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Cablegate: Implementation of Abyei Roadmap; Srsg Expresses Concerns

VZCZCXRO0435
PP RUEHROV
DE RUEHKH #0899/01 1681453
ZNR UUUUU ZZH
P 161453Z JUN 08
FM AMEMBASSY KHARTOUM
TO RUEHC/SECSTATE WASHDC PRIORITY 1072
INFO RUCNIAD/IGAD COLLECTIVE
RHMFISS/CJTF HOA

UNCLAS SECTION 01 OF 02 KHARTOUM 000899

SENSITIVE
SIPDIS

DEPT FOR AF A/S FRAZER, SE WILLIAMSON, AF/SPG, NSC FOR BPITTMAN AND
CHUDSON
DEPT PLS PASS USAID FOR AFR/SUDAN
ADDIS ABABA ALSO FOR USAU

E.O. 12958: N/A
TAGS: PGOV PREL SOCI SU
SUBJECT: IMPLEMENTATION OF ABYEI ROADMAP; SRSG EXPRESSES CONCERNS
ABOUT JOINT INTEGRATED UNITS AND LANDMINES

REF: A. KHARTOUM 889
B. KHARTOUM 859

1. (SBU) Summary: President Bashir issued a decree June 15
implementing the legal framework for the Abyei agreement, but an
administration has yet to be named or confirmed. Observers continue
to disagree over which side got the better deal in the agreement,
however everyone agrees that the process could be lengthy, leaving
wide open the possibility of further conflict. UN/SRSG Qazi
expressed concern that UNMIS does not have access to Joint Defense
Board meetings that discuss deployment of the Joint Integrated
Units, and also that the SPLA and possibly the SAF may have laid
landmines outside of Abyei, which could endanger IDPs returning to
Abyei town. End summary.

2. (U) In the first step toward implementing the June 8 NCP-SPLM
Abyei Roadmap agreement (ref. a), on June 15 Sudan's Presidency
codified the agreement's provisions on establishing an interim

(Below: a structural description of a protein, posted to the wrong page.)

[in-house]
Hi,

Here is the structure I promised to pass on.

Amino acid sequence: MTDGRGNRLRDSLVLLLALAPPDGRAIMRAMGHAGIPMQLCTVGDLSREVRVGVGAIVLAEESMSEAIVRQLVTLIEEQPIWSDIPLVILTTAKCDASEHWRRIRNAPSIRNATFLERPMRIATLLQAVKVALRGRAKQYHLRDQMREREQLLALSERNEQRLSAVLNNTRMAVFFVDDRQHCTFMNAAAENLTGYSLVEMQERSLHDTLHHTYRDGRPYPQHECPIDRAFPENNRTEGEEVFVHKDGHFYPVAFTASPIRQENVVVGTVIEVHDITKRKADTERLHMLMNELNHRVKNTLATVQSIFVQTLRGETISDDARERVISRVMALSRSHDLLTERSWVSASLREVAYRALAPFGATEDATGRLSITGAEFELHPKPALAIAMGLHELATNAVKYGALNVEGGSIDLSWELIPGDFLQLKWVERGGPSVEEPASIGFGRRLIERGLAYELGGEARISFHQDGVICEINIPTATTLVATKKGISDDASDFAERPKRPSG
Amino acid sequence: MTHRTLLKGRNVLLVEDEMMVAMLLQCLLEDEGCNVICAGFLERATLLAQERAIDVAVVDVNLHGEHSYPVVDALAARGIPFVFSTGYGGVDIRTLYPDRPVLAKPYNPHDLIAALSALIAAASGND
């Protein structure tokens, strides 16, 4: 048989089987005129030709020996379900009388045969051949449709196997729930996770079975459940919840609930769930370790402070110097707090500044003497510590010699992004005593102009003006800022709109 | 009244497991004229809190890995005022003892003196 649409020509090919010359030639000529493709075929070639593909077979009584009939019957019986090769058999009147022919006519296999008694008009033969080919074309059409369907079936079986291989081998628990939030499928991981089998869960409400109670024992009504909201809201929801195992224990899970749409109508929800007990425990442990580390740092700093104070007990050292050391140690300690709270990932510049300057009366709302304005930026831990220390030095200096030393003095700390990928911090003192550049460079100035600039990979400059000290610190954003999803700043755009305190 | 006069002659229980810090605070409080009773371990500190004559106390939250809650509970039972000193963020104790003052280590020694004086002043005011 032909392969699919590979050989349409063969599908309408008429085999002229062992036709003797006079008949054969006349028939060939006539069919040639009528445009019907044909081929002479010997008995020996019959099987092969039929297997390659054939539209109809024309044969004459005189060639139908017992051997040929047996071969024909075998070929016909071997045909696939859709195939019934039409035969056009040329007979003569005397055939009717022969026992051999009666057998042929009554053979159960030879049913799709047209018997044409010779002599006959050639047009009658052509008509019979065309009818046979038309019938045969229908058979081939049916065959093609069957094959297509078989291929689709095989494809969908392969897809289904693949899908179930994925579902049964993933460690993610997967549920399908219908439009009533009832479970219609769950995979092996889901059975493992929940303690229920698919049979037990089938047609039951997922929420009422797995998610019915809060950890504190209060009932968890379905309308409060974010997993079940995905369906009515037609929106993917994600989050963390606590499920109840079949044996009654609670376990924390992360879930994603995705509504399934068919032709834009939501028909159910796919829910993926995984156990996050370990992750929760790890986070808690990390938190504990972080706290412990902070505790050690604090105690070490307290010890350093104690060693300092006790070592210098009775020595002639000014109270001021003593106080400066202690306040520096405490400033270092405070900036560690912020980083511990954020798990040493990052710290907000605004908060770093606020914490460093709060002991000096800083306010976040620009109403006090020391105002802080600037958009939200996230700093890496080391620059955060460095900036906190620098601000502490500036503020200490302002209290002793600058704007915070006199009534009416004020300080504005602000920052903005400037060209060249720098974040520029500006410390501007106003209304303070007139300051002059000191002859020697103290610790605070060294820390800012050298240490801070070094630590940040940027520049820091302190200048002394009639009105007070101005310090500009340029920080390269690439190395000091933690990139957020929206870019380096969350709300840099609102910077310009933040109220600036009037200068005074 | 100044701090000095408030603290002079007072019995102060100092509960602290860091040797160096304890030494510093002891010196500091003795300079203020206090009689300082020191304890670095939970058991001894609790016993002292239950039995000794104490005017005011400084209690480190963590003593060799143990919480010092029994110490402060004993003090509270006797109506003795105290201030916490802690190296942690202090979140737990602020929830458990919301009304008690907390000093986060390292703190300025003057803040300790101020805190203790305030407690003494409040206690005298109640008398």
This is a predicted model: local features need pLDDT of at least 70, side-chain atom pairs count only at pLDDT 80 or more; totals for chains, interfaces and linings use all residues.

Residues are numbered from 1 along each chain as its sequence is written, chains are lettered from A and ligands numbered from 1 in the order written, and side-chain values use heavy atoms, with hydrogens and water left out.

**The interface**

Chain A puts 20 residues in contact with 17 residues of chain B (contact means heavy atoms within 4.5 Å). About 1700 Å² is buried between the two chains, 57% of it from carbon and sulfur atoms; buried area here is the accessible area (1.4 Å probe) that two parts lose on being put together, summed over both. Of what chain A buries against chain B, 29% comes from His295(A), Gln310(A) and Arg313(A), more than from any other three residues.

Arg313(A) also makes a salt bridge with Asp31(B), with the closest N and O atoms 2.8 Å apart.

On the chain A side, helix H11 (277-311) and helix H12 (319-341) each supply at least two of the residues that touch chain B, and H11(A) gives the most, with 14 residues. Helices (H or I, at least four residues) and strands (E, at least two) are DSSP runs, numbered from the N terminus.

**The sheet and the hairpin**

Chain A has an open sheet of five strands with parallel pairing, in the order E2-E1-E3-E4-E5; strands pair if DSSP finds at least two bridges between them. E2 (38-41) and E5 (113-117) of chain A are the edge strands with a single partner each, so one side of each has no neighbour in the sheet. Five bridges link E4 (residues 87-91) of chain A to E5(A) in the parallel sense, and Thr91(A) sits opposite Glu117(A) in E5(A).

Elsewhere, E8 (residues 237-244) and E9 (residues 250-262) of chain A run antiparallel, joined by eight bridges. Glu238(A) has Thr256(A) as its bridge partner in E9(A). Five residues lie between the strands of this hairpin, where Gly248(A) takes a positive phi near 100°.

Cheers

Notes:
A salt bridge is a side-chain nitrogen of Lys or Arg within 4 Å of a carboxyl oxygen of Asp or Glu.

administration for the region. Paragraph 3 of the Roadmap provides
that the Presidency would take such action within two weeks (i.e.,
by June 22). In accordance with the Roadmap, Presidential Decree
146 provides for an interim Chief Administrator, to be nominated by
the SPLM, a Deputy, to be nominated by the NCP, and five department
heads. All are to be drawn from residents of the Abyei region. The
Decree also defines the region as that agreed to by the NCP and SPLM
in the Roadmap and depicted by a map appended to the agreement.
These boundaries are provisional, until a final determination of
Abyei's boundaries is reached through arbitration.

3. (SBU) In a meeting with CDA Fernandez June 16, NCP insider and
Director of the Center for Strategic Studies Dr. Sayed al Khateeb
said he believes that the current Abyei agreement "is the best that
can be hoped for" given the breakdown in political dialogue between
the two parties on the issue and expressed appreciation to SE
Williamson for his assistance in the discussions that led to the